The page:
Virtual Forum Highlights the Importance of Social Protection Schemes that Empower Women
Oxfam's virtual forum brought together 574 stakeholders from across the ASEAN to exchange ideas and make recommendations for strengthening social protection policies and mechanisms to promote women’s empowerment and protection.
Across the ASEAN, the COVID-19 pandemic has severely impacted women in all spheres from health to social protection, while setting back economic development efforts in the region. Ensuing lockdowns and restrictions on mobility resulted in an increase in incidences of violence against women and reduced their access to reproductive health services. Women’s domestic and care work responsibilities multiplied while they lost jobs and income, resulting in indebtedness and increased risk of human trafficking. The current crisis underscores an urgent need for a collective response and recovery plan from the ASEAN, which includes meaningful and lasting solutions aimed at protecting and empowering women and girls at home and in the workplace.
Oxfam believes social protection is one of the most powerful tools for governments to reduce inequality, vulnerability, poverty and need, especially for women. However, for social protection to make a meaningful difference, it needs to be adequately financed and geared towards enabling gender equality and women’s empowerment, particularly in times of crises. Oxfam through its Regional Social Protection Program aims to promote decent work and sustainable, equitable and inclusive development across the ASEAN, support informal workers and enable their participation in crafting policies that ensure equitable access to social protection systems.
Enabling social protection in Southeast Asia has been a sustained effort by the ASEAN, but still much remains to be done. This is indicated in the 2020 Economic and Social Commission for Asia and the Pacific (ESCAP) & International Labour Organization (ILO) report which states that less than half of the population in the Asia Pacific region is protected by at least one social protection scheme, with women being particularly disadvantaged. What are the main reasons for this and how does it affect women in the ASEAN?
These questions were discussed at the online ASEAN Regional Forum on Social Protection that Empowers Women that took place on 29-30 June 2021. The forum was convened by Oxfam with the support from the Belgian Government to ensure social protection for women remains at the heart of ASEAN’s pandemic response and recovery. The forum brought together 574 stakeholders from across the region to exchange ideas and make recommendations for strengthening social protection policies and mechanisms to promote women’s empowerment and protection.
During the first session, panellists discussed how social protection can empower women, how social protection systems can be more gender transformative and gender aware, and perspectives on how social protection can advance gender equality and address women’s needs, especially with post Covid-19 recovery. Participants also learned from Mongolia's initiative in providing maternity protection to informal workers – a remarkable achievement in the region.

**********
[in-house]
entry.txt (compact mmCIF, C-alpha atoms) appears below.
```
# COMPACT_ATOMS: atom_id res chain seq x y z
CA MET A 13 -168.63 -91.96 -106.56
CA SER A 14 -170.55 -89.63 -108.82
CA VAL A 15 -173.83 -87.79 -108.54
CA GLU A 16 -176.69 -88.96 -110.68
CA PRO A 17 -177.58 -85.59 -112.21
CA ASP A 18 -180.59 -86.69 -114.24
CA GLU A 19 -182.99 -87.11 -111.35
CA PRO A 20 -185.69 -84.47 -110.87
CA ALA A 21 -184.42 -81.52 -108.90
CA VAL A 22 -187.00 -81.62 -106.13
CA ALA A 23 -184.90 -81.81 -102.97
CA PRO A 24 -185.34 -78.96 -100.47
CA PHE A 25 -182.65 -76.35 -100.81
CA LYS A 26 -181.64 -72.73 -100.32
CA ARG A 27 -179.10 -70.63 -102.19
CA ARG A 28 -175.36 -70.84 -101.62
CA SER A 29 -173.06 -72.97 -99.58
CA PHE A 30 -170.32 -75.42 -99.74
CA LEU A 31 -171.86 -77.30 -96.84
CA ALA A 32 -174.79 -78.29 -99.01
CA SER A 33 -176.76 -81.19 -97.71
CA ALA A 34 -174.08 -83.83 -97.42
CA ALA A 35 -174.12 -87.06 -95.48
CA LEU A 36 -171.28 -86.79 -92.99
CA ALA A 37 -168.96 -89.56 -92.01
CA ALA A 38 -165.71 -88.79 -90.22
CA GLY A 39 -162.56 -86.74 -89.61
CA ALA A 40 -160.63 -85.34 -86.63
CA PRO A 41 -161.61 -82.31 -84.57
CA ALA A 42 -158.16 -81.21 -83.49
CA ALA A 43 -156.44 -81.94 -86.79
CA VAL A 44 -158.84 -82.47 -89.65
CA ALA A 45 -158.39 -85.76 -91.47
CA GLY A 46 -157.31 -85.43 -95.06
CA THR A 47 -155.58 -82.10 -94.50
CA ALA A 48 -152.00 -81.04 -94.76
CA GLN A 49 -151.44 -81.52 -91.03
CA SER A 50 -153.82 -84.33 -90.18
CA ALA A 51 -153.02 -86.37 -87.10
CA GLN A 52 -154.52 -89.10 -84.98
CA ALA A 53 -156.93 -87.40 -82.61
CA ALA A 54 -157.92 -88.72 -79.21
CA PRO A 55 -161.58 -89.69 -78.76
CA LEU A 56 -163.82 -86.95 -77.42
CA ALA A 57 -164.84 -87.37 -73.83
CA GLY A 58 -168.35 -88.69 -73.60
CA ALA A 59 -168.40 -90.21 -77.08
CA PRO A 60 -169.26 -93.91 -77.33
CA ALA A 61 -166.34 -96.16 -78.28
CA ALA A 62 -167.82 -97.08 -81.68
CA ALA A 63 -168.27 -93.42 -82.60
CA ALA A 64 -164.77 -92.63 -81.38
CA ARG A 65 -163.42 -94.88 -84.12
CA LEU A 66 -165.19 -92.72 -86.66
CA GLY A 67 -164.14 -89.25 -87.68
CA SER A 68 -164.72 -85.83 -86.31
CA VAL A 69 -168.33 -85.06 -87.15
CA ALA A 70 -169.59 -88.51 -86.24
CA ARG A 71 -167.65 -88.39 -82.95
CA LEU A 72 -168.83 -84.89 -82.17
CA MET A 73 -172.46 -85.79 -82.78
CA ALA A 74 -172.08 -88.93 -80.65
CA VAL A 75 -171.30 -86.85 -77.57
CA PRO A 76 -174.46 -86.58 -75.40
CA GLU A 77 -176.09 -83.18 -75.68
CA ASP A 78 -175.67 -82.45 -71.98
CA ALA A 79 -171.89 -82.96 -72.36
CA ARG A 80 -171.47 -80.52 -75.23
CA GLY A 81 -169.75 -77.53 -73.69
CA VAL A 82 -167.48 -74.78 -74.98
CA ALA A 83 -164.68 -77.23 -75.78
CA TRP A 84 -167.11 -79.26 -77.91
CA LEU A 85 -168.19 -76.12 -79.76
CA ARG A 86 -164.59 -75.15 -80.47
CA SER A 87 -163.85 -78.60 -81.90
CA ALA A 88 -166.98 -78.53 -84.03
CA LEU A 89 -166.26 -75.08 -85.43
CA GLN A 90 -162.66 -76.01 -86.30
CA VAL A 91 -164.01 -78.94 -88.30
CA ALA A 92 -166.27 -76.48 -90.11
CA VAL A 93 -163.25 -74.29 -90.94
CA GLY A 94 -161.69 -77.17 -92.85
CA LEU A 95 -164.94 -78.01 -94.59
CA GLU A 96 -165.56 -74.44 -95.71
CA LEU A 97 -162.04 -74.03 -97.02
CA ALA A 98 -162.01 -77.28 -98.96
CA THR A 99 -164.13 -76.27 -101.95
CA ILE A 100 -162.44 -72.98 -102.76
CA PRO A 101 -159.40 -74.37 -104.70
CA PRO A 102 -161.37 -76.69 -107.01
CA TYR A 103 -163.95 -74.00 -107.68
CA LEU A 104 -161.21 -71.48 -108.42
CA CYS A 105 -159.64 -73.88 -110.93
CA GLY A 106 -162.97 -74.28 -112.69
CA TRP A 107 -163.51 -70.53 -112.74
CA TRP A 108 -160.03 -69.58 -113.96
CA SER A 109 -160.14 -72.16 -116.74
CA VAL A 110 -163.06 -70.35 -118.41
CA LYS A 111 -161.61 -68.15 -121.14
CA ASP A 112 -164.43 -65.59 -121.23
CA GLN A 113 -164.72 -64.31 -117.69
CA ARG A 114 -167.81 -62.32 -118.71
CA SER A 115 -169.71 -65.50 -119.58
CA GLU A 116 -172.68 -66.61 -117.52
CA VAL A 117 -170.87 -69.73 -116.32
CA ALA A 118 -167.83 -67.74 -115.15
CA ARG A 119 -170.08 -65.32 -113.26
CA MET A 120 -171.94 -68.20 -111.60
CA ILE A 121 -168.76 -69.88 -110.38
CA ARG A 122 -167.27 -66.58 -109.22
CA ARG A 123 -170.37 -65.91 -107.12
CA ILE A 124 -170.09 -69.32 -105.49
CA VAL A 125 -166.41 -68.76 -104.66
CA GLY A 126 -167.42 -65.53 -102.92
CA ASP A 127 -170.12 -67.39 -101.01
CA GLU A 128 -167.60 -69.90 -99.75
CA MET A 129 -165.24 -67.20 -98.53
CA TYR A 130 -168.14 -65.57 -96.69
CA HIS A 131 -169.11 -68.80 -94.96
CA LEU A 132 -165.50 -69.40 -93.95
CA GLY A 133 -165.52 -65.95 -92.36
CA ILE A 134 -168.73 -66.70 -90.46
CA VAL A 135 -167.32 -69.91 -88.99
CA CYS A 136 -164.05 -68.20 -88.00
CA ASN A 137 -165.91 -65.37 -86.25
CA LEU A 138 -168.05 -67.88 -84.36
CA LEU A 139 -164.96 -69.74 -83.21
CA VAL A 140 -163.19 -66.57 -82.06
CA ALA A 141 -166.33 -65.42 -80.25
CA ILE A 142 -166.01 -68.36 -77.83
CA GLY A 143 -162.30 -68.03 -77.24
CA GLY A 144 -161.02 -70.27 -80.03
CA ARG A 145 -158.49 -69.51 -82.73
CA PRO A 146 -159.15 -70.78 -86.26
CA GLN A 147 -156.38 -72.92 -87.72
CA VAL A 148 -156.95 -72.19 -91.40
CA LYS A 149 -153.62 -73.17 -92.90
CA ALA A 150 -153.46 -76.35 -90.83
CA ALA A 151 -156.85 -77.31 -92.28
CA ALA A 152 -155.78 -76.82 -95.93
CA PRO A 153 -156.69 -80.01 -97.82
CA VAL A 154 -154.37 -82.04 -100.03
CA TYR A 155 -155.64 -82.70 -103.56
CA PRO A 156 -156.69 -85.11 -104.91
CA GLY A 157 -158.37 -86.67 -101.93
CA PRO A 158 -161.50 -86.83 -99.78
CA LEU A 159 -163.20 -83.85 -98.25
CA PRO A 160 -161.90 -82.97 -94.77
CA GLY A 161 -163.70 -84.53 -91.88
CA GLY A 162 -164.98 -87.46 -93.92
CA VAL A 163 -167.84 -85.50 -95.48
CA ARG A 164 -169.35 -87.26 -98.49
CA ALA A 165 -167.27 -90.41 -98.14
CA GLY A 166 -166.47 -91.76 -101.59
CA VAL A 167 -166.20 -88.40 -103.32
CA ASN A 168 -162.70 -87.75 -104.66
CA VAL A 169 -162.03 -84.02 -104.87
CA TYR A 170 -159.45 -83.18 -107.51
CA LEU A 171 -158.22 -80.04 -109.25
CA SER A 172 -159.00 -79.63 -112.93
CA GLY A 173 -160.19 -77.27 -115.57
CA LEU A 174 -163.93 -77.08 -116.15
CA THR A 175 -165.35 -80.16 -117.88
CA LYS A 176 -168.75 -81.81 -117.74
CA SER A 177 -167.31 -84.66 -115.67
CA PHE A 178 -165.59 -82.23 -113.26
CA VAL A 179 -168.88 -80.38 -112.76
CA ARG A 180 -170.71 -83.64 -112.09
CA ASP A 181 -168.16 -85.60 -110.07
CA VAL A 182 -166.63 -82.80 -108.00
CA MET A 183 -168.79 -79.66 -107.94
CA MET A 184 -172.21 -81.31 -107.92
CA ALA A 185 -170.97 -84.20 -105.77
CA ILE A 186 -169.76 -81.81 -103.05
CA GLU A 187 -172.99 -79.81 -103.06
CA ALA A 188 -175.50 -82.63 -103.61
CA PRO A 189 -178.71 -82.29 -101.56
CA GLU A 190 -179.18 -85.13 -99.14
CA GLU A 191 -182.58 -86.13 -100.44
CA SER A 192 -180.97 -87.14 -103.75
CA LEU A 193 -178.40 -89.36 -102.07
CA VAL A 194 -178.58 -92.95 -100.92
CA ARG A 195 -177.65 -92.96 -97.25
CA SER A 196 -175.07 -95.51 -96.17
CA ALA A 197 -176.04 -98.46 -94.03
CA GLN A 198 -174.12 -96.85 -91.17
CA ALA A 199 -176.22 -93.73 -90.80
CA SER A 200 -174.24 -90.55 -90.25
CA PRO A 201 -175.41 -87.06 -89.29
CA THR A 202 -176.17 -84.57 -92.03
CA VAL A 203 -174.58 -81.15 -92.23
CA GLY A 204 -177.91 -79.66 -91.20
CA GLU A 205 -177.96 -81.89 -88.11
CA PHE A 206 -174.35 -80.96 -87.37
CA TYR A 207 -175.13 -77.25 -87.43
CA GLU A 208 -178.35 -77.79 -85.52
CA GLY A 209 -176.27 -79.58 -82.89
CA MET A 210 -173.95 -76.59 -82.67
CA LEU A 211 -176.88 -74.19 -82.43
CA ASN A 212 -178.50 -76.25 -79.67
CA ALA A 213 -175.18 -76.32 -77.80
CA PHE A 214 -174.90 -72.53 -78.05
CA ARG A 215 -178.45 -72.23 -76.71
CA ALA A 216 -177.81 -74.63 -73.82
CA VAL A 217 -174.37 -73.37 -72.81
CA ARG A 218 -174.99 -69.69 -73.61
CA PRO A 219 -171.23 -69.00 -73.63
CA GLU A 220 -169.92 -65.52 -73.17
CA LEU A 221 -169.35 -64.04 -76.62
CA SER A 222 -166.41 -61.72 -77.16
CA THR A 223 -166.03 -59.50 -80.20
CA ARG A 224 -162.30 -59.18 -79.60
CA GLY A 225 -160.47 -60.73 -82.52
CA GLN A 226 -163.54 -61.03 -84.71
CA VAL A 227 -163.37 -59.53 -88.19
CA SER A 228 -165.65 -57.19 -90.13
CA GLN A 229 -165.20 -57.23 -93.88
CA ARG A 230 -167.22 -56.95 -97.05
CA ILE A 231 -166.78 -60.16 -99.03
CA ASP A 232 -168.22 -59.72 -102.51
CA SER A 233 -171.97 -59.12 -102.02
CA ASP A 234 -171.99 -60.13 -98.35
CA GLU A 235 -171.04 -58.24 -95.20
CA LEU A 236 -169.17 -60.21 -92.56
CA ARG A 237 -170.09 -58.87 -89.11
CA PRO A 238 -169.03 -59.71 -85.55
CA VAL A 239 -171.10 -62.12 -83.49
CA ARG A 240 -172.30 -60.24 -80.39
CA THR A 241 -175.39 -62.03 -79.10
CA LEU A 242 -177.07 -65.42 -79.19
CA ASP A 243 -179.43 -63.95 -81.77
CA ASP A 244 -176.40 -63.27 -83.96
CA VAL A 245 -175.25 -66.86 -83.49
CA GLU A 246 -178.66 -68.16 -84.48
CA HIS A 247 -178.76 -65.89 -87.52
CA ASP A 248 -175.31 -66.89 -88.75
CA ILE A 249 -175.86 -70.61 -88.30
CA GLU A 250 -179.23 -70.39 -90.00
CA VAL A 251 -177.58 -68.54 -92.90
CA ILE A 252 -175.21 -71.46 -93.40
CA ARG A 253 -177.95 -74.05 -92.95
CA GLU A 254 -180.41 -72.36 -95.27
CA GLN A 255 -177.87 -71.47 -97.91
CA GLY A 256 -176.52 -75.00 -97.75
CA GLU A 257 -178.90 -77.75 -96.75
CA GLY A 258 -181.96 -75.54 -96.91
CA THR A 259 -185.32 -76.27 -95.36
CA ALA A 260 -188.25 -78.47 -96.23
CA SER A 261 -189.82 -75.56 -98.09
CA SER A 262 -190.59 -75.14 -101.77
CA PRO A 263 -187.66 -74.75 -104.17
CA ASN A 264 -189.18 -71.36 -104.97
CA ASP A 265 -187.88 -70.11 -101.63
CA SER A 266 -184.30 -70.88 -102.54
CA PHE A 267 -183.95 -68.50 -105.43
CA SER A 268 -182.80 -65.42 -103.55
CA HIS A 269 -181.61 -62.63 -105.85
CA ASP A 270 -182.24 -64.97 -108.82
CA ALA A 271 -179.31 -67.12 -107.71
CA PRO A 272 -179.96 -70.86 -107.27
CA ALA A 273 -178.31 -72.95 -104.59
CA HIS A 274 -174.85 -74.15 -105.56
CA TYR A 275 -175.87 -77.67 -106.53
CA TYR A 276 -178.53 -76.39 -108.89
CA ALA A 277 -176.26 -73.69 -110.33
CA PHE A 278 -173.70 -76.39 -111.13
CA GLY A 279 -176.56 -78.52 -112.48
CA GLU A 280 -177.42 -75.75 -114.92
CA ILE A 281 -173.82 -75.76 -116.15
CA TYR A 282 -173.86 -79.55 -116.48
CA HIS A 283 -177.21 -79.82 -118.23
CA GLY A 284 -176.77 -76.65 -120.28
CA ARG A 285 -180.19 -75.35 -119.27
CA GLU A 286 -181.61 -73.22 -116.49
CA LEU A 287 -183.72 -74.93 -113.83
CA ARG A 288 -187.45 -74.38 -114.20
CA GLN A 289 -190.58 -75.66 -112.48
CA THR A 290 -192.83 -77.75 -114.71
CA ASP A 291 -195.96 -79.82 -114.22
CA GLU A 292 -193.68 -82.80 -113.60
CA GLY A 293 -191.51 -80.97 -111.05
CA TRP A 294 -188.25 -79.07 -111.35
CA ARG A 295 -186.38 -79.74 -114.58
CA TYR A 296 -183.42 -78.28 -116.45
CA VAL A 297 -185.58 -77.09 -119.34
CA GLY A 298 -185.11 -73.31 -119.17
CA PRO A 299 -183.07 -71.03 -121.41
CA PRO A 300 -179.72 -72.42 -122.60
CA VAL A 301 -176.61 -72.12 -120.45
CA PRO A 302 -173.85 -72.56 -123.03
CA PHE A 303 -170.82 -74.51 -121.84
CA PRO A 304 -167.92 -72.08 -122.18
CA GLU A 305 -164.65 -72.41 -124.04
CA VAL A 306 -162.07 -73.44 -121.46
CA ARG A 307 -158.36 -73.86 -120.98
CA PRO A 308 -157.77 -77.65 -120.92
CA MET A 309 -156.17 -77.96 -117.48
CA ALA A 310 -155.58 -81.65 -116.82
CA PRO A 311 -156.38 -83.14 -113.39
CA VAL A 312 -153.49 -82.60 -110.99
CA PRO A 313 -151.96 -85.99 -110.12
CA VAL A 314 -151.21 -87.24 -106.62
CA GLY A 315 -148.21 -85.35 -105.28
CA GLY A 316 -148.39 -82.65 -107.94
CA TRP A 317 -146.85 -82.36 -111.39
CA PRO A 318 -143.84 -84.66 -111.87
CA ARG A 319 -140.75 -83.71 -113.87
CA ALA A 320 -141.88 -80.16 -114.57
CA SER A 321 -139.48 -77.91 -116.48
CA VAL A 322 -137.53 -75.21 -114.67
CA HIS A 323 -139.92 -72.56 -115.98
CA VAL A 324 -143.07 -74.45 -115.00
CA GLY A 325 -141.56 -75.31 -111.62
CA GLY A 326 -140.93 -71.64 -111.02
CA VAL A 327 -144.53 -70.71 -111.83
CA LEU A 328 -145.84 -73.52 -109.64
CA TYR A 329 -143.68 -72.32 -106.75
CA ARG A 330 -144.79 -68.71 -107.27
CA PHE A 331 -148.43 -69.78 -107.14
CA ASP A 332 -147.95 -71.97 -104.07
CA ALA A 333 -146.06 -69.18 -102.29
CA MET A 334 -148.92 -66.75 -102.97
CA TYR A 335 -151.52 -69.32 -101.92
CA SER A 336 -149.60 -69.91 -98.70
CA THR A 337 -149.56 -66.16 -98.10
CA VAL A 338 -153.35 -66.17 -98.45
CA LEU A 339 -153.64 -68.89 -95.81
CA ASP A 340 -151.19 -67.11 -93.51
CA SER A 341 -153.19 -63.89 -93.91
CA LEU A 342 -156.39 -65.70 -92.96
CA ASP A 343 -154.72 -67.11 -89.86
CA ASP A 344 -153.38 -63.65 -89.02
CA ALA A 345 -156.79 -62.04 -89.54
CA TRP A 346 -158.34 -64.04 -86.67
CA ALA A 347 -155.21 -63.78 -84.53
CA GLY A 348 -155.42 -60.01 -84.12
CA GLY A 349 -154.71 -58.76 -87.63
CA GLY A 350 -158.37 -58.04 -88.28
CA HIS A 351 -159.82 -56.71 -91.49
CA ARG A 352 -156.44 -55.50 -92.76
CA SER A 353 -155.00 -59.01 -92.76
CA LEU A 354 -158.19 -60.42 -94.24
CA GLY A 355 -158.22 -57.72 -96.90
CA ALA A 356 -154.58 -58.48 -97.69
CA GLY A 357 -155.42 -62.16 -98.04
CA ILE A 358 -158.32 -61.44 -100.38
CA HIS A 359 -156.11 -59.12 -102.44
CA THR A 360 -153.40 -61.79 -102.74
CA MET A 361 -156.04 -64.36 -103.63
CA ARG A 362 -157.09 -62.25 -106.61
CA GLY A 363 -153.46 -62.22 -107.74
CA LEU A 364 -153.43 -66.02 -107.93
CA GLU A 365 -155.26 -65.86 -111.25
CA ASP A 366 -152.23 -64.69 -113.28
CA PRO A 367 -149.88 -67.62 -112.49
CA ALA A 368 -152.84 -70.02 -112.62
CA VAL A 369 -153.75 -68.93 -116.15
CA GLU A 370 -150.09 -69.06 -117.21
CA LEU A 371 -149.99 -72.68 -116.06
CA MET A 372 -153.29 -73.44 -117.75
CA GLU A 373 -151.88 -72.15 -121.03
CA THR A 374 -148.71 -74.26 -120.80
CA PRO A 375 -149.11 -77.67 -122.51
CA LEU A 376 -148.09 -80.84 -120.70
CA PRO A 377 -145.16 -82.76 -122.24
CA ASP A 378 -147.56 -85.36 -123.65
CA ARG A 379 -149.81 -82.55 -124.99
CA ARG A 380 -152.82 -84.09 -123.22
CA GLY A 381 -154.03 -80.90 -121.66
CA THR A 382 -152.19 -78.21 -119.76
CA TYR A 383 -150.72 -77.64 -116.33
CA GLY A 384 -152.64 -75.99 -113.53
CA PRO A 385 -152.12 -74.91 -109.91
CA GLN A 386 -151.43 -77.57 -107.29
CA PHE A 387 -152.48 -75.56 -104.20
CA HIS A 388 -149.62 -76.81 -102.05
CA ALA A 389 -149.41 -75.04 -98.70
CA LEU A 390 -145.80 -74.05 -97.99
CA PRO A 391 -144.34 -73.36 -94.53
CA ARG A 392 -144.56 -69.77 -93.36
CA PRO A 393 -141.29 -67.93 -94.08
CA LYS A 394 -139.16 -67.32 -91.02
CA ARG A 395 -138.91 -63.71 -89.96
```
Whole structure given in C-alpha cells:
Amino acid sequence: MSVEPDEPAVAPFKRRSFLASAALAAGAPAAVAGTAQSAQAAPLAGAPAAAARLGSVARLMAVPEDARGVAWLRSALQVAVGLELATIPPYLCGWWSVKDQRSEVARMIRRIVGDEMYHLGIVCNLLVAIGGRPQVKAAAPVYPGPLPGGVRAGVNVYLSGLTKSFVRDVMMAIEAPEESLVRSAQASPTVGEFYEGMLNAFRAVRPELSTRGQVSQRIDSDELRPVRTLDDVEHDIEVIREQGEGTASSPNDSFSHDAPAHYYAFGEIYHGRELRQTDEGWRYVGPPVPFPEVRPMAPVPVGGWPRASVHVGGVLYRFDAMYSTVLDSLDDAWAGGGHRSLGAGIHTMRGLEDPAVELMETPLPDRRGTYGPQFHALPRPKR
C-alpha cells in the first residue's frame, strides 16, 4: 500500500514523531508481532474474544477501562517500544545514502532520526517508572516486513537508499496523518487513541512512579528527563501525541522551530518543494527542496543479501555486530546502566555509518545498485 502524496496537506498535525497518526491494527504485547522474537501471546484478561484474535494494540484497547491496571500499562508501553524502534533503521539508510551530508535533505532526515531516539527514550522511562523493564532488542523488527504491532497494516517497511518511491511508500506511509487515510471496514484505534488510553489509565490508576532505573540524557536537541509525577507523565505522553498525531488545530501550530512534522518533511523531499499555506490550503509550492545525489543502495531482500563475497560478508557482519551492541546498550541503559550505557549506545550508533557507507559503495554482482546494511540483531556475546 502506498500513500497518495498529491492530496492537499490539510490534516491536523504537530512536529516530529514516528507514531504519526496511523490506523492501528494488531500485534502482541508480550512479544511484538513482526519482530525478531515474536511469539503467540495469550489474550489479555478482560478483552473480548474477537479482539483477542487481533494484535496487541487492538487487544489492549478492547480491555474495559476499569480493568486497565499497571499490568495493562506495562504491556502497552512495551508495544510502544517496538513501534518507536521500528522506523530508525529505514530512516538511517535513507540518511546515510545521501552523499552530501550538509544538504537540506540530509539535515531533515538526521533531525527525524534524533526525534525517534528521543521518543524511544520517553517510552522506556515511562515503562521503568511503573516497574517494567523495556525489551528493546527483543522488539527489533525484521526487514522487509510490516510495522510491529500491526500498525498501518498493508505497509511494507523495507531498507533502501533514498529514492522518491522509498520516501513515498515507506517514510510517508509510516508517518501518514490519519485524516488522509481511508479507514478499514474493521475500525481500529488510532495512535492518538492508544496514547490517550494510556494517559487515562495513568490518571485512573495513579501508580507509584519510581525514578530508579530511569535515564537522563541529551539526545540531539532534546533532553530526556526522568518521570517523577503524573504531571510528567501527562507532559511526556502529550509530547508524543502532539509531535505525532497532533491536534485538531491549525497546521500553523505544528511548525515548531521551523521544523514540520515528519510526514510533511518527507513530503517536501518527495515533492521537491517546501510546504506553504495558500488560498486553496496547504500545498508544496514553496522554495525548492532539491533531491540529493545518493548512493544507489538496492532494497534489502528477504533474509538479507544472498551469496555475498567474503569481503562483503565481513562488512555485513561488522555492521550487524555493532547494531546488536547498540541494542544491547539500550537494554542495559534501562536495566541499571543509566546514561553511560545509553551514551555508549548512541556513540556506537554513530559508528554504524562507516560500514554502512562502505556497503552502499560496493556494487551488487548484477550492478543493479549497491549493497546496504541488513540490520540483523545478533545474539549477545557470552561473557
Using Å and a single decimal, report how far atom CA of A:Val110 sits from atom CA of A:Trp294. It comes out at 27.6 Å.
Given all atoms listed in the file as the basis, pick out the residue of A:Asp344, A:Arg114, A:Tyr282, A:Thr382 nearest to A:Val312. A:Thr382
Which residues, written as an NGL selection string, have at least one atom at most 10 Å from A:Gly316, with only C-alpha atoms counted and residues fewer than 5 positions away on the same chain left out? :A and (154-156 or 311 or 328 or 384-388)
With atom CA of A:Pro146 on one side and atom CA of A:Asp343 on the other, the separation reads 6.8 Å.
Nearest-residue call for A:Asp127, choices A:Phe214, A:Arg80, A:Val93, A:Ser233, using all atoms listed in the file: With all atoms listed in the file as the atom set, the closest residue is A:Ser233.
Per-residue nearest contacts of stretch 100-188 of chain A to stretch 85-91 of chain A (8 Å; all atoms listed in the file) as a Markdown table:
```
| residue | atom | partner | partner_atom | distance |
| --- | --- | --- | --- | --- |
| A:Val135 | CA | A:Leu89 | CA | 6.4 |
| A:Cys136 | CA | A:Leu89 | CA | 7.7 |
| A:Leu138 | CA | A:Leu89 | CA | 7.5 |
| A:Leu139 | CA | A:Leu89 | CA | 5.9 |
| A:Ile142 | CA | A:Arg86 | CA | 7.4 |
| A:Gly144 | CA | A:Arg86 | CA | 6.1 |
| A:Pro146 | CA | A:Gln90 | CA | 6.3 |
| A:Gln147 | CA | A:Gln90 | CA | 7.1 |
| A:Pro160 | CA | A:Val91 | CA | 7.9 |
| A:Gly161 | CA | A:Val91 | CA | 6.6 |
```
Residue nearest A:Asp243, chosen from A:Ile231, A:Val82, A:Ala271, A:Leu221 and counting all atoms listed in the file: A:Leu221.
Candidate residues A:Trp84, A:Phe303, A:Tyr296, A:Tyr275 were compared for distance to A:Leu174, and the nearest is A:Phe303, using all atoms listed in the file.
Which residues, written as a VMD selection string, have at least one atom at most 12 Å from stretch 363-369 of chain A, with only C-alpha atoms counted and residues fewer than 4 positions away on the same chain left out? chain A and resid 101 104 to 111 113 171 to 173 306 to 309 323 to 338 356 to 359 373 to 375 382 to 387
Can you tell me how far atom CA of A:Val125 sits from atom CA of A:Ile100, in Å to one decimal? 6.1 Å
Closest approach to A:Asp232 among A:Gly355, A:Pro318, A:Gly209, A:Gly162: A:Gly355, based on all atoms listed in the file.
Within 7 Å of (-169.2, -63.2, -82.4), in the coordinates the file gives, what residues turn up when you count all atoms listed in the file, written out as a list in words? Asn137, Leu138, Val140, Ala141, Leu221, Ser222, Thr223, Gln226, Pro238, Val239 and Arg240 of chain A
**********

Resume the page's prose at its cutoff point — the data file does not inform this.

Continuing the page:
The second session focussed on the role played by UCDW in causing women’s economic and health vulnerability and as a factor of social exclusion, and ways to address UCDW via social protection. The session presented findings from Oxfam's soon-to-be-published study on addressing unpaid care and domestic work (UCDW) via social protection. Participants also learned from Argentina's inclusion of a gender lens in its COVID-19 policy response to strengthen its actions towards a more caring society and address women's high UCDW.
The final session, on the forum's second day, looked at financing methods (through government revenues and/or contributions) and investment scenarios for social protection schemes aimed at responding to women’s needs, and their advantages and challenges. The session aimed to also share best practices in creating fiscal space for social protection that invest in a care economy as an opportunity to ‘build forward better’ through sustained care systems. Participants also learned from the Philippines Municipality of Salcedo which implemented a care ordinance for women's economic empowerment. This initiative was greatly applauded.
Participants agreed that social protection schemes developed with a gender lens are key in reducing the vulnerabilities that women face during their life cycle and demonstrated that for social protection to make a meaningful difference it needs to go beyond providing social safety nets, cash transfers or measures directed solely towards women. As demonstrated by the case studies of Mongolia, Argentina and the Philippines, implementing gender transformative social protection schemes are possible even with a small budget.